Every so often I buy a book purely based on either its title or its cover. (Yes - I do know that saying about not judging books by their covers. However, sometimes I just cannot resist odd titles or interesting looking covers.)
"Black Box Thinking" by Matthew Syed, sounded like it would either be a book I would love or it would be what I think of as a "Double PhD book" - with at least one PhD on a subject concerned with the inner workings of either the human brain or the electrical circuitry and software which enables a "Black Box" Flight Recorder to work.
It turned out to be a mix of both a "Double PhD Book" and a nice relaxing read (with a couple of chapters which scared the daylights out of me).
One fact from that book which stuck in my brain was about the first foldable pushchair having the landing gear (as in wheels, etc) from a Spitfire aircraft.
Talking of "Military" machines, etc, I have a question for you.
When was the first Two Minutes Silence held? If you say at the eleventh hour of the eleventh day of the eleventh month in 1918 - you would be completely wrong. In fact - as I have been reliably informed by Roger Nield (who seems to be very interested in Military stuff - what with being involved with a project down in Surrey to help ex-Forces veterans cope with Civilian life) the first "Armistice Day" Rememberance event actually happened just over 2 and a half years later than the first Two Minutes Silence.
The first Two Minutes Silence was actually held on 1 May 1916, to remember the soldiers who had been killed at the Battle of the Somme, in Belgium. The date only got changed after the signing of the Armistice at the end of the First World War.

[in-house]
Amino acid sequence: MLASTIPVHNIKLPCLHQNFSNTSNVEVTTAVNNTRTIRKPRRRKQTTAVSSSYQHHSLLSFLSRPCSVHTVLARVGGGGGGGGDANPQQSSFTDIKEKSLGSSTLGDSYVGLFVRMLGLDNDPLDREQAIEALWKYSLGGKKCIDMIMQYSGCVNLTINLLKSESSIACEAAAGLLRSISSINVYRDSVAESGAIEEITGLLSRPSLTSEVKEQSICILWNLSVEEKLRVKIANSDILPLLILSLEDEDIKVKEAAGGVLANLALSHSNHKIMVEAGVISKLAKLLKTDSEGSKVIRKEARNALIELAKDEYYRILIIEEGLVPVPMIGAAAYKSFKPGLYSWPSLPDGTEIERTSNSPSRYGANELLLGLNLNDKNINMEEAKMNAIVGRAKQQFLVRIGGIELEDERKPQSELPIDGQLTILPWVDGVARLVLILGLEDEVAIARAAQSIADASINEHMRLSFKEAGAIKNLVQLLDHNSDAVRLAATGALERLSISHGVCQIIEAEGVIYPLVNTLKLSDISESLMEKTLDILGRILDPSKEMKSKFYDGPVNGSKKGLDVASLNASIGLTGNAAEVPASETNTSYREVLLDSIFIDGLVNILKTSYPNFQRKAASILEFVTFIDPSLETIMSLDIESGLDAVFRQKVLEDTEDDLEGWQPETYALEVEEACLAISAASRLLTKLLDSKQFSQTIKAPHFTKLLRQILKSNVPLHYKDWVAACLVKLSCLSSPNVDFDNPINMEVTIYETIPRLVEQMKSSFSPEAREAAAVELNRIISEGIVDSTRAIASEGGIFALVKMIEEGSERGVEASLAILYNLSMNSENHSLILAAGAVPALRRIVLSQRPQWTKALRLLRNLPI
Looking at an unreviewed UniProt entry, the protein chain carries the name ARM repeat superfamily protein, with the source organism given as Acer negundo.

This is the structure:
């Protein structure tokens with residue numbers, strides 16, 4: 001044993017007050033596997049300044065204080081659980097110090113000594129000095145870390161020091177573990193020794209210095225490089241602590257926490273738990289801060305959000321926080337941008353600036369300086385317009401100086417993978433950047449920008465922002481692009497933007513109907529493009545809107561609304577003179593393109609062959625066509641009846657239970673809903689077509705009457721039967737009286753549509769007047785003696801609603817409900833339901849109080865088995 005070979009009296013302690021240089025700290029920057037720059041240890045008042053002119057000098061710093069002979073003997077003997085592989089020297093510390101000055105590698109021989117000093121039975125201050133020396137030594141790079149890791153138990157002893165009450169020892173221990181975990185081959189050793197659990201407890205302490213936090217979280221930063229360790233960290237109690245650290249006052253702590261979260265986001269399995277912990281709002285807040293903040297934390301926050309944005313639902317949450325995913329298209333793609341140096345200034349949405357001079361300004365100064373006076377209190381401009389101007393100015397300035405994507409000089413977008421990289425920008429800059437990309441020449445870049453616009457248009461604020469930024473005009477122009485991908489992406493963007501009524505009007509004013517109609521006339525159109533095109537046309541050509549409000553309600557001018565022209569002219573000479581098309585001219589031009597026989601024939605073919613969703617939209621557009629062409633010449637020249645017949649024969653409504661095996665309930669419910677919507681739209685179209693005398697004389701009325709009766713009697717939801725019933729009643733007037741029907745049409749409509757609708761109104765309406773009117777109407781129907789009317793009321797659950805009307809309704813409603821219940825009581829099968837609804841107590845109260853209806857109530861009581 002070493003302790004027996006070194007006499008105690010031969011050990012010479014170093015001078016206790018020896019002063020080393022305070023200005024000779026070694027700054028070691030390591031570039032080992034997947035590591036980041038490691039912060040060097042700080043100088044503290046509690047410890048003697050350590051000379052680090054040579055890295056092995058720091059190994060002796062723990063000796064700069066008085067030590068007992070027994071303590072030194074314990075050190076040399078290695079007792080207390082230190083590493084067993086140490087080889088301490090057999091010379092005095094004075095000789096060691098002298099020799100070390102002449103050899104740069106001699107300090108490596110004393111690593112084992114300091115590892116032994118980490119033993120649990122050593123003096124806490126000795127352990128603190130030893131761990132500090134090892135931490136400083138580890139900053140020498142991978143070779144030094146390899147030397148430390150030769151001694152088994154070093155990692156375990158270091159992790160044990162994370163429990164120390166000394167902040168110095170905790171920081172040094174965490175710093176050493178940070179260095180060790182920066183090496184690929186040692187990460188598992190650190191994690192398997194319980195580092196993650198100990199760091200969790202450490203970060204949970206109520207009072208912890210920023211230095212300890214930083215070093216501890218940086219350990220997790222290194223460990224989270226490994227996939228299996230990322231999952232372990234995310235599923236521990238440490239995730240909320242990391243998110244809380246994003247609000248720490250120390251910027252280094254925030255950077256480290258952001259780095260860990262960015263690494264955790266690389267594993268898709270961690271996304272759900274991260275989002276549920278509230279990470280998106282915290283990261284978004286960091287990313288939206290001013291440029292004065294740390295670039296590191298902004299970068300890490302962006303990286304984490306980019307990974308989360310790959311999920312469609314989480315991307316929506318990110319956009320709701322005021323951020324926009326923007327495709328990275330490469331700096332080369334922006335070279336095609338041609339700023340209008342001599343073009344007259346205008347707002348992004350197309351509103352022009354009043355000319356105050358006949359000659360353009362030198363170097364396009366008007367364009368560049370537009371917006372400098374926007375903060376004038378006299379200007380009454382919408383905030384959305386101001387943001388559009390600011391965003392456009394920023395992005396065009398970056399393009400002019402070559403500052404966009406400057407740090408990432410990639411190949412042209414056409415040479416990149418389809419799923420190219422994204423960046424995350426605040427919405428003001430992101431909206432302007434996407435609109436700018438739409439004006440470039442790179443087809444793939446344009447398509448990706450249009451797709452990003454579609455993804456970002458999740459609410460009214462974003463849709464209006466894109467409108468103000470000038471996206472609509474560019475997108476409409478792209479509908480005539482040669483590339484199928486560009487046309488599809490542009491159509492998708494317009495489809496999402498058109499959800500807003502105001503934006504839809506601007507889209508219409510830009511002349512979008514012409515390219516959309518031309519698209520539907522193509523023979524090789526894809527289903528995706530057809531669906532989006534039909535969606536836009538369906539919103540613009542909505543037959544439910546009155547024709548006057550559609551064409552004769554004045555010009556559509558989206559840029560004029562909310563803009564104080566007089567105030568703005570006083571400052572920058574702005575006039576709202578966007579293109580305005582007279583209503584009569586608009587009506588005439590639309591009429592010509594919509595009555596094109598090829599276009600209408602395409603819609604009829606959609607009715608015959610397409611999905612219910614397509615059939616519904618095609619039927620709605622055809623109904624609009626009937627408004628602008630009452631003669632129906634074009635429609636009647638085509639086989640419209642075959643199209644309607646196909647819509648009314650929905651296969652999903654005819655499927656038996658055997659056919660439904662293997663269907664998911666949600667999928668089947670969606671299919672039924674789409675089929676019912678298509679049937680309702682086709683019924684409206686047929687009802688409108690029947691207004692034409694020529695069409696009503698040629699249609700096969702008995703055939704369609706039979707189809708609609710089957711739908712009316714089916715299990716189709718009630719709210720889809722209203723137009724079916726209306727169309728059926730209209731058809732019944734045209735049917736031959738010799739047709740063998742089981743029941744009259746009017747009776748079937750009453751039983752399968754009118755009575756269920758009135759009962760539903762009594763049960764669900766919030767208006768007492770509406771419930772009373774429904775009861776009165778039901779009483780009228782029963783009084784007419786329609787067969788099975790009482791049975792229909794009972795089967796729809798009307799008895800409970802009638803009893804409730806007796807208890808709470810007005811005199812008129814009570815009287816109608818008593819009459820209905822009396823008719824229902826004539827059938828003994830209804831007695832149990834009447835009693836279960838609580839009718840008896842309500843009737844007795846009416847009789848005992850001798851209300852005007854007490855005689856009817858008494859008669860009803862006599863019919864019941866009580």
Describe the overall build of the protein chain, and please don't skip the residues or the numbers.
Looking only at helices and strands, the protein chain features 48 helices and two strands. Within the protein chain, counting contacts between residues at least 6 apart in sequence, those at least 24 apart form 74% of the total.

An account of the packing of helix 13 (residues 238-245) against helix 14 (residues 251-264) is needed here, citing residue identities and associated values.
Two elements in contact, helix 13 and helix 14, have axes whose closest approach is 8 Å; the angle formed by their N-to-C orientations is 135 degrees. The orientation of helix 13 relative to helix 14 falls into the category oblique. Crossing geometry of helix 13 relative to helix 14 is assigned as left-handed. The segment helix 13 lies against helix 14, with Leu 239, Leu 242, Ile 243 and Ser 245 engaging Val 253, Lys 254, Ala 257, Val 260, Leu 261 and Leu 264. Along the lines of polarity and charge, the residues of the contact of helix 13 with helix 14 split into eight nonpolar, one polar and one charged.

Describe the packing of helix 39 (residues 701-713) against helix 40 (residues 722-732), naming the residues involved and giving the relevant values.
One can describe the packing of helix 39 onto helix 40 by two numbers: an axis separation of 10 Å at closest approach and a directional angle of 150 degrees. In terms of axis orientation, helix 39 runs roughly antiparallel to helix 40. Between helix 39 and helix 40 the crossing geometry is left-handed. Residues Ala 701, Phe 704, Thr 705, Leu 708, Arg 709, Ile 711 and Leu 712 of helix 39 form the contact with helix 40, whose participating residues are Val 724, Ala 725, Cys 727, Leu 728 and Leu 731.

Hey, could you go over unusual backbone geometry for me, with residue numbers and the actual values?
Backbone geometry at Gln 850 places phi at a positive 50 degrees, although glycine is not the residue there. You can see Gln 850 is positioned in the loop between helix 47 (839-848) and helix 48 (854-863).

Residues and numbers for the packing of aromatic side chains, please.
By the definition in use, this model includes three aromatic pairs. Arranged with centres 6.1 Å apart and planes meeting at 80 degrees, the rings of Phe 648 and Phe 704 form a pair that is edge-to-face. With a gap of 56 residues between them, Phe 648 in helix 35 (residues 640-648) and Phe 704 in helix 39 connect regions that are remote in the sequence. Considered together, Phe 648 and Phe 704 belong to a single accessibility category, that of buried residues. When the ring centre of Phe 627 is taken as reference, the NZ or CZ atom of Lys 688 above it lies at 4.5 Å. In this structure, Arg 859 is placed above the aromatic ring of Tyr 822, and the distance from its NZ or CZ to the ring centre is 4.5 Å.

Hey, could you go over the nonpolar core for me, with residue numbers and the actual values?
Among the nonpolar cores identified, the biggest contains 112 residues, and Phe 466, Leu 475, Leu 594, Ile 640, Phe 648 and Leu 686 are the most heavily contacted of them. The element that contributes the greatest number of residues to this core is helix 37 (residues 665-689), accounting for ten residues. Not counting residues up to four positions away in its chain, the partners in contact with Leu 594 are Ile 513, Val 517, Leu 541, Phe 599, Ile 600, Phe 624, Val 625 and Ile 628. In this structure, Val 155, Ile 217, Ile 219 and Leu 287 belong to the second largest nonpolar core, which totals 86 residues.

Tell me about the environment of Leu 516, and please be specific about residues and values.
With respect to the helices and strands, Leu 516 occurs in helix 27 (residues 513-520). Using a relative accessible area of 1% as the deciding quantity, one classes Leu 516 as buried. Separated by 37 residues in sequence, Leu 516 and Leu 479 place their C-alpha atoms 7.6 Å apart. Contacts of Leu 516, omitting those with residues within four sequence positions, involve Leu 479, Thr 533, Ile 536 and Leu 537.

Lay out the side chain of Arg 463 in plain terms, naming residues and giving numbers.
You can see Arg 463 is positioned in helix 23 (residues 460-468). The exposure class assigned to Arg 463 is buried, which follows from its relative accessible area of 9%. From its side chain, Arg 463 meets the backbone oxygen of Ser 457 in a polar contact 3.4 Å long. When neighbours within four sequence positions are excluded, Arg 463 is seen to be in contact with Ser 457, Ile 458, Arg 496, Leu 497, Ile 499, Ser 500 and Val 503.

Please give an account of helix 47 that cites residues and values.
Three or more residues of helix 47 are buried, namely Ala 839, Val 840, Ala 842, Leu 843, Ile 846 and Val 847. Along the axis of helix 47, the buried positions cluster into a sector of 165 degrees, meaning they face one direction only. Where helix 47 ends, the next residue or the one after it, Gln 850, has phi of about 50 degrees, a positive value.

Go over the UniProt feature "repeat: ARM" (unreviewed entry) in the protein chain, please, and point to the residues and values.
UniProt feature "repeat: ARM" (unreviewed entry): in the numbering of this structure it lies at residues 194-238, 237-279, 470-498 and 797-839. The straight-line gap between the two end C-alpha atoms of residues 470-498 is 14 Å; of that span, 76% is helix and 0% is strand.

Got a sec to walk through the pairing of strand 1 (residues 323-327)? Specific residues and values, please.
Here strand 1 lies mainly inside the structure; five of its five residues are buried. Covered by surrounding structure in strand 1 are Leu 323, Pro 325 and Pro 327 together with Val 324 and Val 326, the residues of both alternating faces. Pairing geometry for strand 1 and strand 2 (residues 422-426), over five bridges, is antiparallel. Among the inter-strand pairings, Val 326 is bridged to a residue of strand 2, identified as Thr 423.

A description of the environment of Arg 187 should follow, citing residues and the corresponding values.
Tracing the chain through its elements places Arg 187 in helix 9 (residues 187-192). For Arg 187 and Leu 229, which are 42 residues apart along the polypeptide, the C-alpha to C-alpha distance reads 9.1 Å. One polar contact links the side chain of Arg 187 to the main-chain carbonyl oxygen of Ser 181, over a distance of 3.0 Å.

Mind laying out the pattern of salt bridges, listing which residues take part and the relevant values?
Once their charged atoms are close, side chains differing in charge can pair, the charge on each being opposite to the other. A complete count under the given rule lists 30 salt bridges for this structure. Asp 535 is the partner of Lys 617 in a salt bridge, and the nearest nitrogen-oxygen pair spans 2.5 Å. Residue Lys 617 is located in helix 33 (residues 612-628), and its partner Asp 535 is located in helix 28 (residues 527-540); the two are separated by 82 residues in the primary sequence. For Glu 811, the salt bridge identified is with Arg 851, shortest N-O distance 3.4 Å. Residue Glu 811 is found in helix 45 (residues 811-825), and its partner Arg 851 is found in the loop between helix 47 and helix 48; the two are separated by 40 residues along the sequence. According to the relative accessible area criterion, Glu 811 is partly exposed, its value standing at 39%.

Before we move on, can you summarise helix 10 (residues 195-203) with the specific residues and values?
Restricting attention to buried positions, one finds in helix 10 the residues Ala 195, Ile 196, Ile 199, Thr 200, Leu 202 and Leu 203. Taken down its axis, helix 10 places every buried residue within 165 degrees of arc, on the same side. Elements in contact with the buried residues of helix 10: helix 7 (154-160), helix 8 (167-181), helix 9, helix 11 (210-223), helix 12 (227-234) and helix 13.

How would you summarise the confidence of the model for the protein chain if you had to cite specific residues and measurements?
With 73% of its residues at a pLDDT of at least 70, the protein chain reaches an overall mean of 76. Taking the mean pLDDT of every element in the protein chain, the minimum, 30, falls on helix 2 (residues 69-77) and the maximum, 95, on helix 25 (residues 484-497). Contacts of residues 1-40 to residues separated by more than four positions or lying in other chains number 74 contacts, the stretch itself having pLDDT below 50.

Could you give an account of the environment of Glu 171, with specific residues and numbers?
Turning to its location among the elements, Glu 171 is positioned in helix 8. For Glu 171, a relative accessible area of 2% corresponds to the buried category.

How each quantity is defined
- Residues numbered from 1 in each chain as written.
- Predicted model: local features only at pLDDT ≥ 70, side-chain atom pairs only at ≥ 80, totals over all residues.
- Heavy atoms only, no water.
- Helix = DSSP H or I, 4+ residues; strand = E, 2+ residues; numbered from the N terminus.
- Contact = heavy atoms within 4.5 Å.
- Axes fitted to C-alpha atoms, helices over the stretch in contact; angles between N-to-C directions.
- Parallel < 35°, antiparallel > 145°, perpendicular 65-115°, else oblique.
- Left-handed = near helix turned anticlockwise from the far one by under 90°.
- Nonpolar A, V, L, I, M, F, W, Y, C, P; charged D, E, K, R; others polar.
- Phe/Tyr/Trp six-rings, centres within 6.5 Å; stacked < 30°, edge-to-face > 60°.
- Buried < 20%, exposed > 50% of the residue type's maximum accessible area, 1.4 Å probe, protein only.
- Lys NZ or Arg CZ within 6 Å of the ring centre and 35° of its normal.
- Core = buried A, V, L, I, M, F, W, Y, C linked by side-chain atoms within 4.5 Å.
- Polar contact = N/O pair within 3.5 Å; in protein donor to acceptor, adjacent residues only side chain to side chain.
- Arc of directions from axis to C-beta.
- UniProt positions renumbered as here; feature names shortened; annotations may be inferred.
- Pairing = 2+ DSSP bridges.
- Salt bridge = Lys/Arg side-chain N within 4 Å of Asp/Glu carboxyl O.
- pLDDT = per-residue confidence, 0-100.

The first Two Minutes Silence being held on 1 May 1916, is quite intriguing in a way (for me anyway). On 4 May 2016, the Dutch will have their version of "Remembrance Day", followed by "Liberation Day" on 5 May 2016. (Although - as I have blogged previously - there is still a reasonably strong connection between the Netherlands of today and the Second World War.)
One thing which did make me smile in the "Black Box Thinking" book was the fact that "Sideways Thinking" was actually spoken about as a very good thing in it.
I know there may be (second thoughts - there are) people who read this blog wondering what I am going to write about next and how outlandish I am going to make the topic sound.
However - as demonstrated by things like the first foldable pushchairs - without "Sideways Thinkers" like me we would still be looking for solutions to problems from long ago (and someone who shared James Dyson's frustration with vaccuum cleaner bags and their influence on decreasing suction power would probably be very angry by now).
Thoughts and ideas can be seen as extremely weird but - sometimes - with a little luck, knowledge, and stubbornness, they can help us make life easy for ourselves as well as making the world a better place.
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